Genre: Action Developer: Headgames Publisher: Sega Enterprises Players: 1 Released: 1995
The first time you play X-Men 2, the first thing you’re likely to notice about the game is that you just got hit. “Was that a missile?” you’ll think to yourself. Quite uniquely, X-Men 2 immediately thrusts you into gameplay upon switching on the console. That’s just about the only aspect of X-Men 2 that is “quite unique” on its own, but it manages to be a distinguished game in spite of that.
Developed by HeadGames (Taz-Mania, Pink Goes to Hollywood) and published by Sega in 1995, X-Men 2 is not really a sequel to the first X-Men game for Genesis and bears little resemblance to its predecessor. Clone Wars is a fairly straightforward side-scrolling action game, except with the X-Men in it, and that turns out to be a bigger “except” than one might think.
Clone Wars, the game’s subtitle, is the name of an actual plotline that occurred in the comics, which the game follows. Unfortunately, instead of comic scenes (like in Maximum Carnage and other games), the plot is bridged between levels through dull text representing a conversation with Professor X in Cerebro. After said text, you have a chance to choose your character before each level. Each of the X-Men has their own mutant power, and X-Men 2 handles this better than any other X-Men game. There is no meter or other limit on usage of your mutant power; it’s just an extension of your overall abilities. This means that they feel more like natural abilities than magic spells or super bombs, as in previous games using the license.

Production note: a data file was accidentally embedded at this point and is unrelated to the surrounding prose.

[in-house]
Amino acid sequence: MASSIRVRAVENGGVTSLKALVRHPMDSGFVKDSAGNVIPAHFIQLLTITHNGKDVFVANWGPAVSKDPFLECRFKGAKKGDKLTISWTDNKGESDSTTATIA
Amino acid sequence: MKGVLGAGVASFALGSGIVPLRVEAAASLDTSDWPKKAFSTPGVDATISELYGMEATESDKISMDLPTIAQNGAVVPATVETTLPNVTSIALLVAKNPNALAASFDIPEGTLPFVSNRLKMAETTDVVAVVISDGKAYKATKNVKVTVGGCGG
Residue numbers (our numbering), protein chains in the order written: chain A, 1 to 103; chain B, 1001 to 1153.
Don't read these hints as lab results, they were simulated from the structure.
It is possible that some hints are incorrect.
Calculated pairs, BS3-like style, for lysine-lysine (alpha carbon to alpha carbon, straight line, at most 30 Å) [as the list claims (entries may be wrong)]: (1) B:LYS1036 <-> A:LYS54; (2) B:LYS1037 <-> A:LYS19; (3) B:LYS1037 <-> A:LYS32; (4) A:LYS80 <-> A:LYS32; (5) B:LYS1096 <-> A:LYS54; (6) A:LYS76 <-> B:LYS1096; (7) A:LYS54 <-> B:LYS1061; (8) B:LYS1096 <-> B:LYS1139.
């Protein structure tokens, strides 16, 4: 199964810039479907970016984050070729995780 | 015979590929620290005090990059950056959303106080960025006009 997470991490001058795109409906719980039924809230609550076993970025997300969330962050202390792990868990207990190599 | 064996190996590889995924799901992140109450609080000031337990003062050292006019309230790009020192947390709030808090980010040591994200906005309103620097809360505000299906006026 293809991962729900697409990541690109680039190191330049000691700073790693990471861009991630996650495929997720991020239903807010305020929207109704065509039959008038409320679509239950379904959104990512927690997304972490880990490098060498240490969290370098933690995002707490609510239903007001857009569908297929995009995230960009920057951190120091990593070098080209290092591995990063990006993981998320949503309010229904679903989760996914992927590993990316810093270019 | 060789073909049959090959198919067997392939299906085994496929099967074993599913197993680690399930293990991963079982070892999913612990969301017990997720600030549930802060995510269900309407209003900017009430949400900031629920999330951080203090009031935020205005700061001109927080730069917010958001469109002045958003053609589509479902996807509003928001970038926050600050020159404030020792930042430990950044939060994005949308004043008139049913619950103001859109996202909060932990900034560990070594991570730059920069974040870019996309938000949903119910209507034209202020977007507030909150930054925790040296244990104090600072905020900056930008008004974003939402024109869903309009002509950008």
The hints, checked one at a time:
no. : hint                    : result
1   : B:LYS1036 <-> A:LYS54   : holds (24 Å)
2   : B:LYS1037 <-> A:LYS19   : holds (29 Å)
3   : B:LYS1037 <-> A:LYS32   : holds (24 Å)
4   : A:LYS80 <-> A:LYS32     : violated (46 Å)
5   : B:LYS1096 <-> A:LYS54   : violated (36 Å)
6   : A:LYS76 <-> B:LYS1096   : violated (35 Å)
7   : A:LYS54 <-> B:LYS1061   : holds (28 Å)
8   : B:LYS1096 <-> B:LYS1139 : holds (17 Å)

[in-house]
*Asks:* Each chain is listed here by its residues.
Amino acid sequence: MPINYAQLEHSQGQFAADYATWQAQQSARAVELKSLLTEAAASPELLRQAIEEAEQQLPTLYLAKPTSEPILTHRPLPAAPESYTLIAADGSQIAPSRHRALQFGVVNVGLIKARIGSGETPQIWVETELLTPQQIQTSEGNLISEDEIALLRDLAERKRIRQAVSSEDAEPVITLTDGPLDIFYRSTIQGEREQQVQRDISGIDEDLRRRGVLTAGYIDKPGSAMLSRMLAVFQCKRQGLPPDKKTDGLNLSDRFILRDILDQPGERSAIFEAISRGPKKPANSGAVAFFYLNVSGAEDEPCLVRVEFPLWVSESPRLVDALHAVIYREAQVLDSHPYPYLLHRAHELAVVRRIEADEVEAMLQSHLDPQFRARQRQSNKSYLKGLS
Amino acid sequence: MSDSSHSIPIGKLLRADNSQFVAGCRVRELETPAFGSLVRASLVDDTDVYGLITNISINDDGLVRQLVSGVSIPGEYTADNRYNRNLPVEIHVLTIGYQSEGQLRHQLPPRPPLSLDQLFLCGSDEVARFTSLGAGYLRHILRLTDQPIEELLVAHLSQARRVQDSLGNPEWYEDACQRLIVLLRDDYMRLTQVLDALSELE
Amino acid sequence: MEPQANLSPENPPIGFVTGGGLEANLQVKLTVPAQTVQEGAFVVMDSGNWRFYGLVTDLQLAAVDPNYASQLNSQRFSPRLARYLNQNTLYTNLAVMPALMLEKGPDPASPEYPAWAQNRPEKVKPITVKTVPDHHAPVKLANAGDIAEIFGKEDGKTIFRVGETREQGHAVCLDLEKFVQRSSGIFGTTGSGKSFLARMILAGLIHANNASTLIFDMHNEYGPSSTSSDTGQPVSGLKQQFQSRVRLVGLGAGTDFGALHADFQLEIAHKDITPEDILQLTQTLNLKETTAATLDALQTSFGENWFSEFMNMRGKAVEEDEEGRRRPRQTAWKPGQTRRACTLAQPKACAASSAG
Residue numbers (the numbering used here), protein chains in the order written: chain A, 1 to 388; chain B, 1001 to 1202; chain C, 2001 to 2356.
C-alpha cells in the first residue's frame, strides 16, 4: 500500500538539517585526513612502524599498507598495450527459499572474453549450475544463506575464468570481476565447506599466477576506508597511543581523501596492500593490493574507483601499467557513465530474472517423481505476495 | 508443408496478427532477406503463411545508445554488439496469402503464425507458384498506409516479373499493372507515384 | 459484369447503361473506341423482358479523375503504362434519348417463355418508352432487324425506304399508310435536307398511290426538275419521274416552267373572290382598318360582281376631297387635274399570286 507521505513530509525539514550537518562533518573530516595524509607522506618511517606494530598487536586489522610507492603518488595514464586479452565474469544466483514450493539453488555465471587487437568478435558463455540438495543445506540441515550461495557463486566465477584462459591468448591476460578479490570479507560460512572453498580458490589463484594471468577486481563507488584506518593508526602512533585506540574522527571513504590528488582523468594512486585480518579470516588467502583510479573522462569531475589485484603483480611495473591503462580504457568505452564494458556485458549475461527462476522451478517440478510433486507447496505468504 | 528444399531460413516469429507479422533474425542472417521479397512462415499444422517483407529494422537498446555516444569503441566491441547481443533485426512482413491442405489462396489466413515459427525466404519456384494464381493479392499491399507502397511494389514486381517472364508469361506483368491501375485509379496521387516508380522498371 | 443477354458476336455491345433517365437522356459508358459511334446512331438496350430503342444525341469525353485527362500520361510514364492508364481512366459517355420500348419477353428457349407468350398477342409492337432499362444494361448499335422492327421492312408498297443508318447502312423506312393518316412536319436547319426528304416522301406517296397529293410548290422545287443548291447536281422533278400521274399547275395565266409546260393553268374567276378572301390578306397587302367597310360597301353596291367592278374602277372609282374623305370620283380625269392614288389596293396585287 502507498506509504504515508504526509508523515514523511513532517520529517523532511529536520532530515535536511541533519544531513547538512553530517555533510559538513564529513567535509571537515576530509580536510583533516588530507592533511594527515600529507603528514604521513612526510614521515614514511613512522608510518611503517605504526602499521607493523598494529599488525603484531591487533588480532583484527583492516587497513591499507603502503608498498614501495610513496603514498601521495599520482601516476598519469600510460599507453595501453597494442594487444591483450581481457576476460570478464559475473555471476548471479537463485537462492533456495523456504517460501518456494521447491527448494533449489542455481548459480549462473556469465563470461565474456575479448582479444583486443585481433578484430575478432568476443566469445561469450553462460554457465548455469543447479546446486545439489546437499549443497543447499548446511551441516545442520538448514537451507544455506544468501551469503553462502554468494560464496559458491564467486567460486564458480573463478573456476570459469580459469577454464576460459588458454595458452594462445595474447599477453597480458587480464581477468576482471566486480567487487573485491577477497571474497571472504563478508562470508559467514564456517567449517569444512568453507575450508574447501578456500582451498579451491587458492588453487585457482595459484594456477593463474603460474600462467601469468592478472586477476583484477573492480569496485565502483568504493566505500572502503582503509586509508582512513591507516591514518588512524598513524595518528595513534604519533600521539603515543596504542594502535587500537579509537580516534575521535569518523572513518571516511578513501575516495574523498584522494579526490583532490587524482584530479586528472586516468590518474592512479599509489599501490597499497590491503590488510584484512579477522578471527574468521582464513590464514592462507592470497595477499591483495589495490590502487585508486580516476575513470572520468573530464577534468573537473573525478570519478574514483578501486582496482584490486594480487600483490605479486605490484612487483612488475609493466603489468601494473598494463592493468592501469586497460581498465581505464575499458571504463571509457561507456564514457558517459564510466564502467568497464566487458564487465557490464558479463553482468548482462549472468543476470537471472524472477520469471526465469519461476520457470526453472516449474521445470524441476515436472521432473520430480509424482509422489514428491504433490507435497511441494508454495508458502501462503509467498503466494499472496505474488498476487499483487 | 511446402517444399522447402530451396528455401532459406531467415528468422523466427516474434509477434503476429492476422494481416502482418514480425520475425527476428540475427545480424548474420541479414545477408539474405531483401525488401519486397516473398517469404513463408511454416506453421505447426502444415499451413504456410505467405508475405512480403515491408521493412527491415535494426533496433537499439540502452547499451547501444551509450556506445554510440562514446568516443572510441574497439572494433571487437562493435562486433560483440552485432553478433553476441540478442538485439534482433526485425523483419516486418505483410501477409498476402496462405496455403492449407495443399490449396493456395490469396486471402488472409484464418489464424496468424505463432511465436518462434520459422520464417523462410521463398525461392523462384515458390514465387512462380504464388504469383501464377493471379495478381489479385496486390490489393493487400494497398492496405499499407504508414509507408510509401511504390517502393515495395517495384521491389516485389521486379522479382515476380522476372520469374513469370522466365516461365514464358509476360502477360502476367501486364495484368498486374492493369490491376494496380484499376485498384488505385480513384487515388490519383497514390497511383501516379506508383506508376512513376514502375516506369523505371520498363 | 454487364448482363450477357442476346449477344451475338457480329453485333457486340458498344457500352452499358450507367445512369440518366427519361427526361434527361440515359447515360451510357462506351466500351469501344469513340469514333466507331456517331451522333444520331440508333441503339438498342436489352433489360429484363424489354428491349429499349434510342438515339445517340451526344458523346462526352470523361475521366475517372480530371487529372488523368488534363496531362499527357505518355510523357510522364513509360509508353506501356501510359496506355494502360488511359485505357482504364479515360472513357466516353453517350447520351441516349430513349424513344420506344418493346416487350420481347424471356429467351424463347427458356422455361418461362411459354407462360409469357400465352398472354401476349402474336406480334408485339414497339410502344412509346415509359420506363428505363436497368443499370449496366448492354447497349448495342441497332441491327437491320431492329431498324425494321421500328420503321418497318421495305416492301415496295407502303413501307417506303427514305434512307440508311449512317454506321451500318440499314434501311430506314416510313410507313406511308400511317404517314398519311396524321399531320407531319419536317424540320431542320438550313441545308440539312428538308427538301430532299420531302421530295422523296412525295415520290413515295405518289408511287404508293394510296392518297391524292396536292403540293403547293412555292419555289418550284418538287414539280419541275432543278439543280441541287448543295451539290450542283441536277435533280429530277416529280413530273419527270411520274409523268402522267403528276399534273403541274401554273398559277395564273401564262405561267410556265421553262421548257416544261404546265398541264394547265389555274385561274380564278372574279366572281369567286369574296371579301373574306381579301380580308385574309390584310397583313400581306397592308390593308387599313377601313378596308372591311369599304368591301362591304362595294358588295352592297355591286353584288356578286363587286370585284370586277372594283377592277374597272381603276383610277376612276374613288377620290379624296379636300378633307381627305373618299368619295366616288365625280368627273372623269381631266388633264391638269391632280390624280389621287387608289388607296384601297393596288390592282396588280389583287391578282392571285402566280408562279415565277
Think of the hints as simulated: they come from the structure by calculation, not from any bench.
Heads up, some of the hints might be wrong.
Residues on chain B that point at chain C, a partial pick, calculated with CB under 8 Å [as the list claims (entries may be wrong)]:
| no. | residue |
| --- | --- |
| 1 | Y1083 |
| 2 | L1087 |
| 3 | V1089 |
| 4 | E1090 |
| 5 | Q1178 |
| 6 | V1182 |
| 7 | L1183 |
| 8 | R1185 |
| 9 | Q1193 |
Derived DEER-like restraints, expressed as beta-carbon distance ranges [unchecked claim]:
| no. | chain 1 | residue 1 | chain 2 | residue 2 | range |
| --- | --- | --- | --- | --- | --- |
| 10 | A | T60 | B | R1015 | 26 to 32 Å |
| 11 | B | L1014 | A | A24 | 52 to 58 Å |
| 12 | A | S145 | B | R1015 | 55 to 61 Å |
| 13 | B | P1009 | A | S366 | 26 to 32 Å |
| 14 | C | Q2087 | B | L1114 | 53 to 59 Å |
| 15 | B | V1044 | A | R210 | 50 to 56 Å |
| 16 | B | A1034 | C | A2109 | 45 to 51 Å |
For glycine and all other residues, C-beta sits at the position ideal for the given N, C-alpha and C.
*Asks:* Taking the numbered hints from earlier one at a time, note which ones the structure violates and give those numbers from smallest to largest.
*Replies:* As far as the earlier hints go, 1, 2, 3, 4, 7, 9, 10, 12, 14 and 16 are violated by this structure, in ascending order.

Your regular abilities/attributes also vary accordingly by the character you play as. This allows for great differentiation between the characters. They move at different speeds, wield different weapons (or use different blows), vary by their ability to stick to walls (some can climb walls, some can stick to walls but not climb them, some can’t do either), vary in the manner of their aerial attacks, and so on and so forth.
You might think that with each of the seven playable characters significantly different in play from the others, this would allow for a vast variety in how you go through the course of the game, leading to tremendous replay value as you replay the stages with different combinations of characters ad infinitum. Unfortunately this is not the case. For most levels, there will be one or two characters that stand out as ideally suited, based on a particular attribute. There are a couple of levels designed to take advantage of each character’s strengths and weaknesses, but for most, particular strengths play right into the design of the level. It’s not completely rigid and obvious though, as there is actually quite some disagreement on what characters are best for what levels (based on comparing my own experience with two different FAQs). However, once you feel that Wolverine is best for level six, you’re not going to feel inclined to pick Gambit for variety’s sake, because you’ll feel like you’re just handicapping yourself. You might be inclined to do that after you’ve beat the game several times over and really mastered it, but that’s a point a long way’s down the road, should you ever approach it.
One factor compounding that is its difficulty. Even picking the best mutant for every level, you certainly won’t be breezing through the game. This difficulty is what discourages deviation in character selection, unless of course you’ve played the game to death already. X-Men 2 never feels impossible, but it is very challenging. Although you have a health bar with a capacity of nine (starting with seven bars filled), health replenishing pickups in the levels, and eight extra lives, you won’t be coming close to the end part of the game in your first playthrough. Or your second. Or your third. It will take quite some perseverance if you wish to beat this game. Though, like I said, it never feels impossible.